When we caught up with Fessenden, what began as a discussion of his latest film turned into a fascinating and freewheeling look at the current state of indie cinema, the durability of horror, and why there’s no justification for being an asshole in the pursuit of great art.

Read Interview HERE

March 22, 2019
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Weekends with GEP: WTF in NYC

GEP thanks What The Fest!? for a fantastic world premiere!
Go see all the other goodies they got cooking this weekend.

March 22, 2019
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ANTHEM MAGAZINE: A one-on-one with David Call and Larry Fessenden

This week, the Second Annual What the Fest!? arrived in New York City. The five-day showcase of genre films kicked off with the world premiere of Larry Fessenden’s Depraved, which was shot on the 200th anniversary of Mary Shelley’s Frankenstein. In Fessenden’s contemporary take on the literary classic, the Vienna castle is now a Brooklyn loft and the reanimating lightening bolt a miracle drug that’s not yet FDA approved, while the monster—still very much cobbled together from various body parts—is similarly on a profound quest to learn what it means to be human.

Anthem joined Fessenden and Call at B Bar and Grill in Manhattan this week to eavesdrop on this exclusive 1-on-1 conversation and for our photo shoot before Depraved’s premiere at IFC Center.

See Interview HERE

March 21, 2019
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DEPRAVED review round-up!

“Whilst the Frankenstein story has been told hundreds of times across the world of cinema,
Depraved somehow manages to feel completely fresh.”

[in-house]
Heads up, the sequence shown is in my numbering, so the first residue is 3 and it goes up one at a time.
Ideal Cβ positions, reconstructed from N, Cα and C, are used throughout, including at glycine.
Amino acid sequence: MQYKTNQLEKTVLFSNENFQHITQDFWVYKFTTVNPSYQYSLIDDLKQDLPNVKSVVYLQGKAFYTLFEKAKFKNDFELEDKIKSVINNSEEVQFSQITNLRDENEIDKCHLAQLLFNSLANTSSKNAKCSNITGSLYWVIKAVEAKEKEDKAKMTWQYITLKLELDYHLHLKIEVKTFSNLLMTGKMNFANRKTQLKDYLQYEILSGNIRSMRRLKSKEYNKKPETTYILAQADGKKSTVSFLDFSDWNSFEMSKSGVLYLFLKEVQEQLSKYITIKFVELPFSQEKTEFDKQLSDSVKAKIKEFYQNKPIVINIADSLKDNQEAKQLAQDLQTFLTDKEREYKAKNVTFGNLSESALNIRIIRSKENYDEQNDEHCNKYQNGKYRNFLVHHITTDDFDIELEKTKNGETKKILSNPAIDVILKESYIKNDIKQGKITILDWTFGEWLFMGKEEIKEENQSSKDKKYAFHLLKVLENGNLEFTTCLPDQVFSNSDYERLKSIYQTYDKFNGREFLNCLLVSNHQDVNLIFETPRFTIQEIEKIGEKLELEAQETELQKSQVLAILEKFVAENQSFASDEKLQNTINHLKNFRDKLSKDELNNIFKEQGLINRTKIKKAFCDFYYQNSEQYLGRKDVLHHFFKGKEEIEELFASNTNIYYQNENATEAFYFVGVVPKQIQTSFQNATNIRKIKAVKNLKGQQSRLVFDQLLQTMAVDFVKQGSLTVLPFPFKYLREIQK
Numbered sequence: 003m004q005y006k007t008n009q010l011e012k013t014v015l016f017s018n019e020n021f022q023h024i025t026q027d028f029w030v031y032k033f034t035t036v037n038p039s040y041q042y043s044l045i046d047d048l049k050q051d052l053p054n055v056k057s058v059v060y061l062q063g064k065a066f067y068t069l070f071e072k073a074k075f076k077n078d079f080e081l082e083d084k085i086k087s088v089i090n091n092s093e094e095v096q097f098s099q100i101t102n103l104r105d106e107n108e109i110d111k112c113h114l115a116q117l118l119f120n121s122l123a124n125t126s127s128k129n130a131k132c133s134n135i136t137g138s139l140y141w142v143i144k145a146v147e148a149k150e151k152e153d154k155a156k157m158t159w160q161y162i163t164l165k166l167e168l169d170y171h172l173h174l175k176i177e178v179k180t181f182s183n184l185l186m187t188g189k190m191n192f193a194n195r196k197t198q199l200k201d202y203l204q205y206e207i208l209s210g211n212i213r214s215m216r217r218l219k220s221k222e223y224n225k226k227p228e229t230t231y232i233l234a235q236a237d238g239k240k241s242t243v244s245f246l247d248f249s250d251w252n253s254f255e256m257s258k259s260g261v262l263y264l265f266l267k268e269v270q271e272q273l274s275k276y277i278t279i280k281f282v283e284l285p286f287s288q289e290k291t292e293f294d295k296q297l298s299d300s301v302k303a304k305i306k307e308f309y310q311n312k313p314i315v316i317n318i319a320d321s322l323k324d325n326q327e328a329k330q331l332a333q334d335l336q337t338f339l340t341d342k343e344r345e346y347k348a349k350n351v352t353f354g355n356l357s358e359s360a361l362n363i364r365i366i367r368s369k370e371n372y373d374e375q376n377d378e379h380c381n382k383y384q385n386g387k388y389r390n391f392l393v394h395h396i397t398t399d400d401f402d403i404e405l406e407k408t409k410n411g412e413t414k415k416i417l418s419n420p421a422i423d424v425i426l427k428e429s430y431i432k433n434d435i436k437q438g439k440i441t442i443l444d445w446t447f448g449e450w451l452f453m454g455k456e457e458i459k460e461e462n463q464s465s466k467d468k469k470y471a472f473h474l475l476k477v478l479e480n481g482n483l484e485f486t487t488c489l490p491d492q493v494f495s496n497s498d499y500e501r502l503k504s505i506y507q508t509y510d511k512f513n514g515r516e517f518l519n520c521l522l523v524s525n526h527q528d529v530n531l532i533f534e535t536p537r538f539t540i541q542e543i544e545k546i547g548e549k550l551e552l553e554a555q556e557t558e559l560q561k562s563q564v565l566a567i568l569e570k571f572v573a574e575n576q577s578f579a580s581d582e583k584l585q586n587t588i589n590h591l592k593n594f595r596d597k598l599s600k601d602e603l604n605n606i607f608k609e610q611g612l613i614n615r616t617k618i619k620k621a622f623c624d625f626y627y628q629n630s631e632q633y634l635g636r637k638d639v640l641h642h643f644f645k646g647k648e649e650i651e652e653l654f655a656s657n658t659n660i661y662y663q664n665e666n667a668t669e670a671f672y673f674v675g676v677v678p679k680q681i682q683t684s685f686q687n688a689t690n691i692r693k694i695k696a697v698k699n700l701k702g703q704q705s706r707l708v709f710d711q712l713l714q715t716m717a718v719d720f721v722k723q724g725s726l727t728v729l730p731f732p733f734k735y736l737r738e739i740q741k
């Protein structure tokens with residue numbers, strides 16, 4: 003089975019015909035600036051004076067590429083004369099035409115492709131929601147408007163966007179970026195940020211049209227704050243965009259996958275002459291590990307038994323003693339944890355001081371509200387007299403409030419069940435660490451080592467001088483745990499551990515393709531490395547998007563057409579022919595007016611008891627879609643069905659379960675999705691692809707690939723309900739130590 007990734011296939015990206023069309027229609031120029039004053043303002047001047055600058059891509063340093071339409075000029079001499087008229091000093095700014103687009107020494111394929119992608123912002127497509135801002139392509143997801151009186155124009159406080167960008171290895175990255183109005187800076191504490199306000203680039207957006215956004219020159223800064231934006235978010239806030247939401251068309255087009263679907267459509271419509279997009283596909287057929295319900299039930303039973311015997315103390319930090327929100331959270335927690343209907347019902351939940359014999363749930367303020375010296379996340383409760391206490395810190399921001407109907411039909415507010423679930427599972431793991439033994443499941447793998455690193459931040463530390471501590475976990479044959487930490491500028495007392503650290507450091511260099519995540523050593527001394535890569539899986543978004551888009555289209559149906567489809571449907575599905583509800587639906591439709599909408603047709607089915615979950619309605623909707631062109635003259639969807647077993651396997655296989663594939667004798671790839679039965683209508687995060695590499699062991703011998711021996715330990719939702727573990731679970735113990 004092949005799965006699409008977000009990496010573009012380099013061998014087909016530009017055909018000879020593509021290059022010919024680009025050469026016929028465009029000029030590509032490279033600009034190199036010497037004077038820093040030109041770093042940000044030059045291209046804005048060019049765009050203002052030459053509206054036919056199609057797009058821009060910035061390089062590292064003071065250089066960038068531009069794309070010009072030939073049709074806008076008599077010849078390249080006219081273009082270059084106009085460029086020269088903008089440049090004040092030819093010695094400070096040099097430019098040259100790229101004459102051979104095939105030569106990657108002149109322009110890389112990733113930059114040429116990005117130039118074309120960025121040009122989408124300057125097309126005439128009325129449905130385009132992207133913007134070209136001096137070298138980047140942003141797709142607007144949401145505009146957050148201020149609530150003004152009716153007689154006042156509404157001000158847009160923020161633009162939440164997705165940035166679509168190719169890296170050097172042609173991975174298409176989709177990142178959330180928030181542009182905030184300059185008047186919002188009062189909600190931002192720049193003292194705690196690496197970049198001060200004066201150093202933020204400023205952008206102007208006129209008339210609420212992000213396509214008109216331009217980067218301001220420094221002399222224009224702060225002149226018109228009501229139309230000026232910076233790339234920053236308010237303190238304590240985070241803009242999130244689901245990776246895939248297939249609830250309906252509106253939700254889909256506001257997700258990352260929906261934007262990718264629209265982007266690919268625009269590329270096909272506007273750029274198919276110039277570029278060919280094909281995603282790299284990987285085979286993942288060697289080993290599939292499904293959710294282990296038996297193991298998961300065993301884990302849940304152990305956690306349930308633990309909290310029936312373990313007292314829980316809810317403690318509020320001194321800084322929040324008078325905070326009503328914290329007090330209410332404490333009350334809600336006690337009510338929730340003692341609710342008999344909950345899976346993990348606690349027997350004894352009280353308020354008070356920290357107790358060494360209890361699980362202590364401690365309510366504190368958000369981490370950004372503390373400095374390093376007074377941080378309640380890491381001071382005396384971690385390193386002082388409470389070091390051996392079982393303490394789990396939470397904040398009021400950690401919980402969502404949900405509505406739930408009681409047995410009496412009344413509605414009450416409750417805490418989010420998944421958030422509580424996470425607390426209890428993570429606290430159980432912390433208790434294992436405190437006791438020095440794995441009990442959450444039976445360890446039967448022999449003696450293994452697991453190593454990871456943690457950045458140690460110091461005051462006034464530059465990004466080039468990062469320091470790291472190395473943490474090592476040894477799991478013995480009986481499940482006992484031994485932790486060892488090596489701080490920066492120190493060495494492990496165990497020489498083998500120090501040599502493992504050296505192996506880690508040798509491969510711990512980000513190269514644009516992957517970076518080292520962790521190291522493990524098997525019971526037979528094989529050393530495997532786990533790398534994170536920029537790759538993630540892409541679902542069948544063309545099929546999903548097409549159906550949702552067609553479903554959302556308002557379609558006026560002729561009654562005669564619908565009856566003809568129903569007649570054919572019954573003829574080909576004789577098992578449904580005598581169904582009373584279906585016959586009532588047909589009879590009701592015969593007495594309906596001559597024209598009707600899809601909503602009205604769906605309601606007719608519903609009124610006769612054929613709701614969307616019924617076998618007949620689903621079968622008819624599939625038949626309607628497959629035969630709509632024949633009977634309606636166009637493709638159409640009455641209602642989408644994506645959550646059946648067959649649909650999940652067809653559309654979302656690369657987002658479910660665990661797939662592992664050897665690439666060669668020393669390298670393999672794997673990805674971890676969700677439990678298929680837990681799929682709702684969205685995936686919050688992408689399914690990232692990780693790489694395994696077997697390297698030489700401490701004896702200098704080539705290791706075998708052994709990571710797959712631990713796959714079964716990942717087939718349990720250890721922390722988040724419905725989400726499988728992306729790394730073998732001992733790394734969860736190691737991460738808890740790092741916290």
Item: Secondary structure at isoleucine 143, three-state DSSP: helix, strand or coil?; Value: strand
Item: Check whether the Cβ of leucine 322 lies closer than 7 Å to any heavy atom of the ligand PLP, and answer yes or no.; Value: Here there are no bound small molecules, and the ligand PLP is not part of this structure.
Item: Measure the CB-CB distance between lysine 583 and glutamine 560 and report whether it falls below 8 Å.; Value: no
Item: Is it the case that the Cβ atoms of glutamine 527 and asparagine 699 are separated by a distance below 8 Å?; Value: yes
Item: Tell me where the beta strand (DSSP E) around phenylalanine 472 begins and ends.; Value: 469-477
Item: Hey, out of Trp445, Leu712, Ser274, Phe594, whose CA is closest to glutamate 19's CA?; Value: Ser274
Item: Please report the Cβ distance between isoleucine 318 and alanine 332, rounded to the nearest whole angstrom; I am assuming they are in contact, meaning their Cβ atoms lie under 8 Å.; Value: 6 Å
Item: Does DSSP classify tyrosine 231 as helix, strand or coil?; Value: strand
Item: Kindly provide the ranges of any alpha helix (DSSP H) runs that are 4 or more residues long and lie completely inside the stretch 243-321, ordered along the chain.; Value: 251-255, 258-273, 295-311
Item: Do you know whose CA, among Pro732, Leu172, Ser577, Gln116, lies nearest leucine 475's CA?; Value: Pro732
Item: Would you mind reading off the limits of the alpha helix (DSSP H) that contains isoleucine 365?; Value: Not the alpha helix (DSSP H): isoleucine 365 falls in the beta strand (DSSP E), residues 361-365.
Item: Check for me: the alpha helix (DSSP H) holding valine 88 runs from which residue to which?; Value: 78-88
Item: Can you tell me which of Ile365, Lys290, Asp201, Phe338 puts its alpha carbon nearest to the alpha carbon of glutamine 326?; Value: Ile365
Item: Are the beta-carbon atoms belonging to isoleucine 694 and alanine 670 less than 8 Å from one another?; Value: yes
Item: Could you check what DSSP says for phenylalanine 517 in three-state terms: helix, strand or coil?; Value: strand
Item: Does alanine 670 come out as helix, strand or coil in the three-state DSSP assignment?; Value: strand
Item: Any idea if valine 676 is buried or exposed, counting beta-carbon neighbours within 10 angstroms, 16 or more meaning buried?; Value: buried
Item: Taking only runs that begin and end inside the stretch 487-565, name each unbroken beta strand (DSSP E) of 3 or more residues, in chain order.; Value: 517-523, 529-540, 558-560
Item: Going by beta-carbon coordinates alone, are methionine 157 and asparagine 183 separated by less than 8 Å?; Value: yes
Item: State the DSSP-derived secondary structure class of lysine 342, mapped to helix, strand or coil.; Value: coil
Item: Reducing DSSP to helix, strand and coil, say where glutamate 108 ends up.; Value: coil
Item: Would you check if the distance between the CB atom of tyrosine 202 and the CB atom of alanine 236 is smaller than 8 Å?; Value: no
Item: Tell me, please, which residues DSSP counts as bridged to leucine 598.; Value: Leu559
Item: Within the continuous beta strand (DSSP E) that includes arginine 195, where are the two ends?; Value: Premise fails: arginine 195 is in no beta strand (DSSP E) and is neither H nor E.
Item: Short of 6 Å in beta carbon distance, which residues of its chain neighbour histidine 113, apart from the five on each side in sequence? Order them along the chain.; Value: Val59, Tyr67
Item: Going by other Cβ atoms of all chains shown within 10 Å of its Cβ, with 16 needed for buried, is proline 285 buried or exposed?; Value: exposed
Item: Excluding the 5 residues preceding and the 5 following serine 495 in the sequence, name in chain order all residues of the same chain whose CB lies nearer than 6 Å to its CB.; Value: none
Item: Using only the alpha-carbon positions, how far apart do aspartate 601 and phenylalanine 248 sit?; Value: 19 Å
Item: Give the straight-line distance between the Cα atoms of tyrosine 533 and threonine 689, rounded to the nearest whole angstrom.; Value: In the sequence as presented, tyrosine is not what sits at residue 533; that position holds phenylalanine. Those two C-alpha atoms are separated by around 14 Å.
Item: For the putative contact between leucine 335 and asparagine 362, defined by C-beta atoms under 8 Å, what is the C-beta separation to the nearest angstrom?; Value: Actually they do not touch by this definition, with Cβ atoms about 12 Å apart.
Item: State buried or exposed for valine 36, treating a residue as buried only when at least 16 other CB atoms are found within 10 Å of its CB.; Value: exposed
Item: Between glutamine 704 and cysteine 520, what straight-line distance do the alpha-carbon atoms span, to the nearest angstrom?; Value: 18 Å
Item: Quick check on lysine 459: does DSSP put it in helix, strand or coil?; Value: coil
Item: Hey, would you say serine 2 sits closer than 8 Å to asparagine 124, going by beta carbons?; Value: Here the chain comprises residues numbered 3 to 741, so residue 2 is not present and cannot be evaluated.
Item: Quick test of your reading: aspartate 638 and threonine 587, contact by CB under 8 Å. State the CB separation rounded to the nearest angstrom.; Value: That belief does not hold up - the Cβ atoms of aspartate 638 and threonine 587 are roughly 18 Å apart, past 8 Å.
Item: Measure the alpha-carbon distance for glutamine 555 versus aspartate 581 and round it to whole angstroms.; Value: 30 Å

HOLLYWOOD NEWS

“a dramatic character piece that will reward those looking
for a thoughtful take on Mary Shelley’s masterpiece.”
HORROR FUEL

“Depraved marks one of Fessenden’s best films to date,
showcasing the director’s ability to craft a memorable,
stylish and creatively astute narrative on a small budget.
His status as a darling of horror and New York indie cinema
has only be reinforced with this feature.”
 FILM PULSE

“A moving drama of post- millennial conflict.”
 PROJECTED FIGURES

 “DEPRAVED is an inspired Gowanus-grungy DIY Frankenstein,
with director Larry Fessenden pushing through to the subtext of parentally irresponsible men.
Grabs you with its ideas (and imaginative production moxie). Somebody buy this.”
Josh Rothkopf/ TimeOut NYC

“DEPRAVED might be Larry Fessenden’s best movie yet.
Certainly his best since “Skin and Bones,”
his fantastic 2008 episode of FEAR ITSELF.”
Simon Abrams (Vulture/ Robert Ebert)

March 21, 2019
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Big Night Out: DEPRAVED premiere at WHAT THE FEST!?

March 19, 2019
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IndieWire: DEPRAVED “fun and febrile tale that takes the moral temperature of our time with an almost invasive degree of accuracy.”

‘Depraved’ Review: Larry Fessenden’s No-Budget Delight Brings Frankenstein into the 21st Century

Indie horror maestro Larry Fessenden refashions Mary Shelley’s immortal novel into a modern story of trauma and self-interest.

Hell-bent upon finding evidence of ancient monsters in the modern world (often by exploring how they continue to be reflected in the raw stuff of human nature), Larry Fessenden launched his filmmaking career with a Frankenstein story, and he’s been working his way back to the subject ever since. Traces of Mary Shelley’s mad science can be found in many of the low-budget horror movies that his Glass Eye Pix has produced since 1985, and they’re even more apparent in the ones that he’s directed: From the ecological hubris of “The Last Winter” to the monster-is-us mythicism of “Wendigo” and the selfishness that percolates beneath all of his narratives and bubbled to the surface in “Beneath,” each of his features has dissected a severed limb from Shelley’s foundational story.

Read Full Review HERE